25 minutes | Jun 10, 2020
Nova Spivack -- DNA Data Storage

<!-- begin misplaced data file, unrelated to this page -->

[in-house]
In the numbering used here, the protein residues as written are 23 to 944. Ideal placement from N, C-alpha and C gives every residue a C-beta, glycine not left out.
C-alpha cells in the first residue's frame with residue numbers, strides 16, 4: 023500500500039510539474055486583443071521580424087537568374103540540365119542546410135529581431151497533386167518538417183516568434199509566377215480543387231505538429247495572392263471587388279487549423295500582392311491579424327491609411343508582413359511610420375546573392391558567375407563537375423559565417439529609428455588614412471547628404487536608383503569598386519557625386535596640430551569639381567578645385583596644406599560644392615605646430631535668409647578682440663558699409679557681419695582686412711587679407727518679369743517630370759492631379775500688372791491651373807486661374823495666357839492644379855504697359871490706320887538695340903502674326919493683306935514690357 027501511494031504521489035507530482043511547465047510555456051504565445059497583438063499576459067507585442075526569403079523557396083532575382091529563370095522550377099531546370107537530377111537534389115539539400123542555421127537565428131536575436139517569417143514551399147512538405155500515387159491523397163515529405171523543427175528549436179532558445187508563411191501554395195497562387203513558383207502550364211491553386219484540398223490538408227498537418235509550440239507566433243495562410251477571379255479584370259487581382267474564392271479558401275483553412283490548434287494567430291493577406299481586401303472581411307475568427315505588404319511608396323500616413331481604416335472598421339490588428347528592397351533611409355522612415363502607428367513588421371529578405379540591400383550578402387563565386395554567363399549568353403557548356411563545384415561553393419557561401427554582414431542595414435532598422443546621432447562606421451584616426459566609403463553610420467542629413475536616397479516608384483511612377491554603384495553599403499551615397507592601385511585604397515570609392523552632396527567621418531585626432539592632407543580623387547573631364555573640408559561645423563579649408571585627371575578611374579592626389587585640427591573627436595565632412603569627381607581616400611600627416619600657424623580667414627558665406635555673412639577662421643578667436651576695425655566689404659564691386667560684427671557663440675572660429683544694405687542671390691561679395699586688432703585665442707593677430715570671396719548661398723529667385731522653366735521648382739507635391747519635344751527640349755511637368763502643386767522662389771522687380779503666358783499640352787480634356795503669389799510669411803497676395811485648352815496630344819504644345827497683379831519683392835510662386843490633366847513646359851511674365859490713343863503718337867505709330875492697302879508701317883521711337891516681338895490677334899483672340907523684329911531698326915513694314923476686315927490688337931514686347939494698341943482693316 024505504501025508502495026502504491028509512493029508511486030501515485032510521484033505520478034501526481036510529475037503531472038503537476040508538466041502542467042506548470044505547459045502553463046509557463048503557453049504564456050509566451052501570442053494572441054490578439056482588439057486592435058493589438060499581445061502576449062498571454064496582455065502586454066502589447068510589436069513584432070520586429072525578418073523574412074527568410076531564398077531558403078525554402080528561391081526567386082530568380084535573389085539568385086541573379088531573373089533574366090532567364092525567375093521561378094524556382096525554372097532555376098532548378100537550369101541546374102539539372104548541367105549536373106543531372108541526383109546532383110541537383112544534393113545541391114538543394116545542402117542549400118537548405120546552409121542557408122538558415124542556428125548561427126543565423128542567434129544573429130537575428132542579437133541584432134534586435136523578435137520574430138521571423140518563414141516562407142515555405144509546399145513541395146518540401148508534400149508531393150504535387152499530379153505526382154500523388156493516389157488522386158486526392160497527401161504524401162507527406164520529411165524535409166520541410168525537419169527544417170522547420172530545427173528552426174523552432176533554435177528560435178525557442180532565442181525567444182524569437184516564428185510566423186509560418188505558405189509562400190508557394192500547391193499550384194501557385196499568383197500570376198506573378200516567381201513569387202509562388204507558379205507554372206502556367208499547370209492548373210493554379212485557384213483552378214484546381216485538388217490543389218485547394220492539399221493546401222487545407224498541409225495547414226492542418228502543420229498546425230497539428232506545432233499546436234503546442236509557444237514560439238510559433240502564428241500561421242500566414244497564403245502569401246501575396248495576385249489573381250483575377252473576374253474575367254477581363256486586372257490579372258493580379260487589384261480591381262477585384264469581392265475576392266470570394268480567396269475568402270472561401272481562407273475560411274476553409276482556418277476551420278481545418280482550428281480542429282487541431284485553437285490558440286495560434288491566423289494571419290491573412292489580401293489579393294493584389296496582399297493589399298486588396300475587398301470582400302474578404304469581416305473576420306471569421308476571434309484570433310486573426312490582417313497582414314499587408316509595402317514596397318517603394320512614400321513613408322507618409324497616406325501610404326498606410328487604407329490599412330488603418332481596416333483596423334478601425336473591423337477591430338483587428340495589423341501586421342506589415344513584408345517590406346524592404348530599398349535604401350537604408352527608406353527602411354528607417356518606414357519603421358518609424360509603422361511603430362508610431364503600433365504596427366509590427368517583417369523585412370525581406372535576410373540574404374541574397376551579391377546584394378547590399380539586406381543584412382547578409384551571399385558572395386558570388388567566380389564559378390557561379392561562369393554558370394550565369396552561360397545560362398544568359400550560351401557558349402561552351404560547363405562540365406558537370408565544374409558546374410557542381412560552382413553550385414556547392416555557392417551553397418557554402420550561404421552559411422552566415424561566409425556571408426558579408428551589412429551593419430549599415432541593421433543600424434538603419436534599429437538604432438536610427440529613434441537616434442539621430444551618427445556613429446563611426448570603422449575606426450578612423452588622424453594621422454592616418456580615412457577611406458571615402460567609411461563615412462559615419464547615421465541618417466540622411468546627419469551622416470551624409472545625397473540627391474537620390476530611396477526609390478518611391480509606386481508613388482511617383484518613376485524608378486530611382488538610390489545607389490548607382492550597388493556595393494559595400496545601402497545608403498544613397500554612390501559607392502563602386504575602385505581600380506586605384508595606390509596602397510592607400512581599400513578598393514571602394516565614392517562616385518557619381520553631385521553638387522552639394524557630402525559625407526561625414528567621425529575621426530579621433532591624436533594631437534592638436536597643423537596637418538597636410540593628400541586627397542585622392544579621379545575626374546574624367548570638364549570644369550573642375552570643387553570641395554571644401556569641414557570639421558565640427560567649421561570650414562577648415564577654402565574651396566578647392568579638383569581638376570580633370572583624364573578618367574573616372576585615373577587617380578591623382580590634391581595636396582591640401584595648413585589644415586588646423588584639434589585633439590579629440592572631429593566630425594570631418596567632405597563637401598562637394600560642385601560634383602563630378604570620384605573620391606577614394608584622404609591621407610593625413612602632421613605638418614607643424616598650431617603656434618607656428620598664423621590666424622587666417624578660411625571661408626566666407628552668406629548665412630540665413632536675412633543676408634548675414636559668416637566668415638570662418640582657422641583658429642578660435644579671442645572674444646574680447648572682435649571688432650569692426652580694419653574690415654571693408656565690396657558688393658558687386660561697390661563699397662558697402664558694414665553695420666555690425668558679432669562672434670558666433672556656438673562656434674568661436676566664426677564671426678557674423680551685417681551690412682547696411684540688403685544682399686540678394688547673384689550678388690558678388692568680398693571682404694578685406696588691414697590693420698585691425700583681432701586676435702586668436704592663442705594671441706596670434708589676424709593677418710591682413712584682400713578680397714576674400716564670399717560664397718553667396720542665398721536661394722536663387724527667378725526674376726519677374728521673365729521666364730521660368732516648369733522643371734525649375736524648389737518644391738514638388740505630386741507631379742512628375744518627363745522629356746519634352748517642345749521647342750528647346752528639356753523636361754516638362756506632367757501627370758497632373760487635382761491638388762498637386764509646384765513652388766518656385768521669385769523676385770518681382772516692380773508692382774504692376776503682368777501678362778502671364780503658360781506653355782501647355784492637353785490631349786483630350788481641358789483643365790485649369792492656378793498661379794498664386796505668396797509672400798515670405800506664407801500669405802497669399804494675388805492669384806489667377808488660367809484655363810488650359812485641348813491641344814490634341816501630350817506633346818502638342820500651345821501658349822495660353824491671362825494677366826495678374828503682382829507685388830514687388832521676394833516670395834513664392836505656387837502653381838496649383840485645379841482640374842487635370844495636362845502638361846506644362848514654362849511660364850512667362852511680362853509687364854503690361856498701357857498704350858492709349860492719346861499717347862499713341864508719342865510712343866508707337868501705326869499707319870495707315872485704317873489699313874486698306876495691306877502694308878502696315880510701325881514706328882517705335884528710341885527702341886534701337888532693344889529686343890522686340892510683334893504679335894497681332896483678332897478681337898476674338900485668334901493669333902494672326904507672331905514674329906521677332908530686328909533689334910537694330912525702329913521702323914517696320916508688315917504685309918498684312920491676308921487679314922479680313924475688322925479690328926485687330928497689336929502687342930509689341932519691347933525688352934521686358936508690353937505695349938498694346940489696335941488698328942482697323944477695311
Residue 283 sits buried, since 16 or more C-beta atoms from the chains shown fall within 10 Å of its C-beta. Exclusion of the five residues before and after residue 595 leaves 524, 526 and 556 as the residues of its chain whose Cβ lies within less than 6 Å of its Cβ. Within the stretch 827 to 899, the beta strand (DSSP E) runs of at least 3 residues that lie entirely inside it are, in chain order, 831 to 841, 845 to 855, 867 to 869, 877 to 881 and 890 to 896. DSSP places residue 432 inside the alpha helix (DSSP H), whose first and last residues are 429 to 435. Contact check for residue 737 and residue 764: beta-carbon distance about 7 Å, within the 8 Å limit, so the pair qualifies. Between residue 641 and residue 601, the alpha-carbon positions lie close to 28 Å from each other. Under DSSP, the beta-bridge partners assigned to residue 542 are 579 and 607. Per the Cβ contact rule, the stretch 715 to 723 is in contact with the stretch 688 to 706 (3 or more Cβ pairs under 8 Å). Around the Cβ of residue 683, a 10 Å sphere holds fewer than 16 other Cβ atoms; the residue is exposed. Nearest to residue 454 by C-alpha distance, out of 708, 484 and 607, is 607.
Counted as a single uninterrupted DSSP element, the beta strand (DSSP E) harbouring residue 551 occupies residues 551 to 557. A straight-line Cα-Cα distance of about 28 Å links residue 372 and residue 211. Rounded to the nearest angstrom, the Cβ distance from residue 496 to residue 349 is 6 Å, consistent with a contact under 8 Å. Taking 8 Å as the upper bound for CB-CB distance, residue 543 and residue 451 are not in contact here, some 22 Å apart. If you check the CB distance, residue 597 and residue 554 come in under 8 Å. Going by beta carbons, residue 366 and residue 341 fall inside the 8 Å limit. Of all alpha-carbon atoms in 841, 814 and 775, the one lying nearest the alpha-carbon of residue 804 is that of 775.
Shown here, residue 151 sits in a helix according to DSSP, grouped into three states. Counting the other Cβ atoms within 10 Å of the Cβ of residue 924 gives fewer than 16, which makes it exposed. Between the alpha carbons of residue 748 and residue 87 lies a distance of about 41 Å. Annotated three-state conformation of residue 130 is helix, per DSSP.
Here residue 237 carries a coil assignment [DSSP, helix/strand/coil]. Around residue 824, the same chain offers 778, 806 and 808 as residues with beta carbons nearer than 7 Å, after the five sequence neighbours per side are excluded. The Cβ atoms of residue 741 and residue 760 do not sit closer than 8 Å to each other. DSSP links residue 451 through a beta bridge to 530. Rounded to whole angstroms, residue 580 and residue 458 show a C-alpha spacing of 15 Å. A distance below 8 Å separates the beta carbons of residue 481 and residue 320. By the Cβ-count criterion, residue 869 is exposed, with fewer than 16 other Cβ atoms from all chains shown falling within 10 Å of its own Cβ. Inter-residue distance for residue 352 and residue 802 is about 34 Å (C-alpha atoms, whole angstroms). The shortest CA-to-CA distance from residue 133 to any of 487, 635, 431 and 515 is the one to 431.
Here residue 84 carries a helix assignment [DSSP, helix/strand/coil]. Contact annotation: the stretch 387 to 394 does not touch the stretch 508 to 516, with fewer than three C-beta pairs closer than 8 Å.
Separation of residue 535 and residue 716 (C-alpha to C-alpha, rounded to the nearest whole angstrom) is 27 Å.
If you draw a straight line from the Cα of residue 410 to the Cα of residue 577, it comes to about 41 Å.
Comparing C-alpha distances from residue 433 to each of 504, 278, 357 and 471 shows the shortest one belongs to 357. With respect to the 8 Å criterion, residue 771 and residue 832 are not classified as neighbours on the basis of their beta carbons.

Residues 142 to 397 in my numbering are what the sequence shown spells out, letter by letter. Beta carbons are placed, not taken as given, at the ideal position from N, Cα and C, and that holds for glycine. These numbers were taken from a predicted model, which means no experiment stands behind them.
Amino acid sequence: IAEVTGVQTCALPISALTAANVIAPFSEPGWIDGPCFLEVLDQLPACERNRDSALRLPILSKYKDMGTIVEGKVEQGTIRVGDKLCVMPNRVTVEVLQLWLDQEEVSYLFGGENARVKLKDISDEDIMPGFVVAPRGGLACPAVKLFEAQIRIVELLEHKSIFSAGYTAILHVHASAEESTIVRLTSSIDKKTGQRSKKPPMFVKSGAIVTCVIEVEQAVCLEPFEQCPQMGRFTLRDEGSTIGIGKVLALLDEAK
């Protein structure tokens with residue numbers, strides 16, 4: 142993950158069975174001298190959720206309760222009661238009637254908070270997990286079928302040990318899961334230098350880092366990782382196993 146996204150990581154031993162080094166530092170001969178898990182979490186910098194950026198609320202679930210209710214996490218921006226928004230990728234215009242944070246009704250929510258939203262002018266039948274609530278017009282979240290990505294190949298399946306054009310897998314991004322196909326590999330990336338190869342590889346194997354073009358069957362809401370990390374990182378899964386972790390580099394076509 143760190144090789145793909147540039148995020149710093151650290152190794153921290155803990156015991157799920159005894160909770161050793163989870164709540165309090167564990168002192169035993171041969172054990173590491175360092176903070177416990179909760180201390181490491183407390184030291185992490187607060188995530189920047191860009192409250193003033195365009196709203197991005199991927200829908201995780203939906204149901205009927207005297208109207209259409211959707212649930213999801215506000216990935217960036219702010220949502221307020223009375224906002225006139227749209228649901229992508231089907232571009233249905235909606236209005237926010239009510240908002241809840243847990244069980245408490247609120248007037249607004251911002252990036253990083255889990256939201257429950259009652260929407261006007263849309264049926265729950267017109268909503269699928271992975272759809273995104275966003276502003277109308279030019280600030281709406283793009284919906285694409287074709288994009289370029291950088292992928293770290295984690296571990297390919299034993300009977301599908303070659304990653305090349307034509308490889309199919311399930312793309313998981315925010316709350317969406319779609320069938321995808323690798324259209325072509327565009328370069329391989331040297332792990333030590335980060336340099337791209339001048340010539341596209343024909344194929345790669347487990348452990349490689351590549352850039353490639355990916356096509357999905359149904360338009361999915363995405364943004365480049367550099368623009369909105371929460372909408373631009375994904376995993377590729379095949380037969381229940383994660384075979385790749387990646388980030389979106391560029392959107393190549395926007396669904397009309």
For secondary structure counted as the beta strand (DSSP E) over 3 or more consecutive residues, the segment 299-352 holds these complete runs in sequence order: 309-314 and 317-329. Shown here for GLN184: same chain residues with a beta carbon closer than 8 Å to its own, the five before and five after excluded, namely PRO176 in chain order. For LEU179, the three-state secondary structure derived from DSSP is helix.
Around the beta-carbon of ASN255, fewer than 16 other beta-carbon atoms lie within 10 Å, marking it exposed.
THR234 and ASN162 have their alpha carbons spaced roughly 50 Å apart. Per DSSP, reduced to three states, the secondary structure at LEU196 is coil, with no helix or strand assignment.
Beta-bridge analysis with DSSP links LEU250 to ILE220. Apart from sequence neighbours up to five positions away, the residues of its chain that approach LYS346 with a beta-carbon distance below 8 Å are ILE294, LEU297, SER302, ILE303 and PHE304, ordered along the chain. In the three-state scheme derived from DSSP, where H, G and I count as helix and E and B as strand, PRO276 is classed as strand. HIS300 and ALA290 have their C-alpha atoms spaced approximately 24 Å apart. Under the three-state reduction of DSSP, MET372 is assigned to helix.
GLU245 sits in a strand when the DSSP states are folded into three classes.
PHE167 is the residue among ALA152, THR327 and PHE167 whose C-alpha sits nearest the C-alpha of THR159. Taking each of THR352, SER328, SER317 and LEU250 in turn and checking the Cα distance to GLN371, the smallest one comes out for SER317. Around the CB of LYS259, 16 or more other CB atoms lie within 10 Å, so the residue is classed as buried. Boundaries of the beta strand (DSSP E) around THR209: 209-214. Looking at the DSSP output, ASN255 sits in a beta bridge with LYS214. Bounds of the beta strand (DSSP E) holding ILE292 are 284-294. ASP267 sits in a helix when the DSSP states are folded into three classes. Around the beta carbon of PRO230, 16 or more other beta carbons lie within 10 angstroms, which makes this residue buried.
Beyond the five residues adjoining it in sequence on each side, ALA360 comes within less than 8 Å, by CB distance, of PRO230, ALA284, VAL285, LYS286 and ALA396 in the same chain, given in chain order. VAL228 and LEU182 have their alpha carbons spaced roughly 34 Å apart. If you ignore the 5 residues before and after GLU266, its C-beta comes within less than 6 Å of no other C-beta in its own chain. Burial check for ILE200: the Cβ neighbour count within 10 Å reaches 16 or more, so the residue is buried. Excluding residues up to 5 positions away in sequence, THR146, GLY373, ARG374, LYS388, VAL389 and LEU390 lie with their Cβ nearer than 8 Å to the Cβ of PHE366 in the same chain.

In 2025 the world will generate 160 zettabytes of data. Stored in conventional digital media, this would fill many data centers, each the size of a corporate campus consuming enormous amounts of energy. DNA molecules offer an attractive alternative. DNA is a million times more dense, can last hundreds and even thousands of years, and has been around for 3.5 billion years as an integral building block of life. Using DNA, 2025’s bytes will fit into a few shipping containers. But there are even more exotic applications for DNA data storage. The Arch Mission Foundation, created in 2015, seeks to “back up” planet Earth through extraterrestrial libraries with durability on billion year timescales. DNA data storage provides a significant technical solution. Arch Mission already delivered a payload into solar orbit in the glove compartment of Elon Musk’s Tesla Roadster and crash-landed a 30 million-page Lunar Library on the Moon, with Space IL. Nova Spivack is the co-founder of Arch Mission Foundation. In the near-term, Arch Mission serves as an educational project, promoting awareness of our fragile ecosystem and the contributions to humanity’s knowledge by all cultures. In the long-term it may be the only remaining trace of human civilization. Among the questions to be probed: How can biological “wet-ware” provide such an efficient and rugged data storage application? How will this technology impact our silicon-based information and communication systems? Could DNA serve as “seed” for long distance interstellar exploration or colonization? Are there concerns that extraterrestrials might discover and decode an Arch?.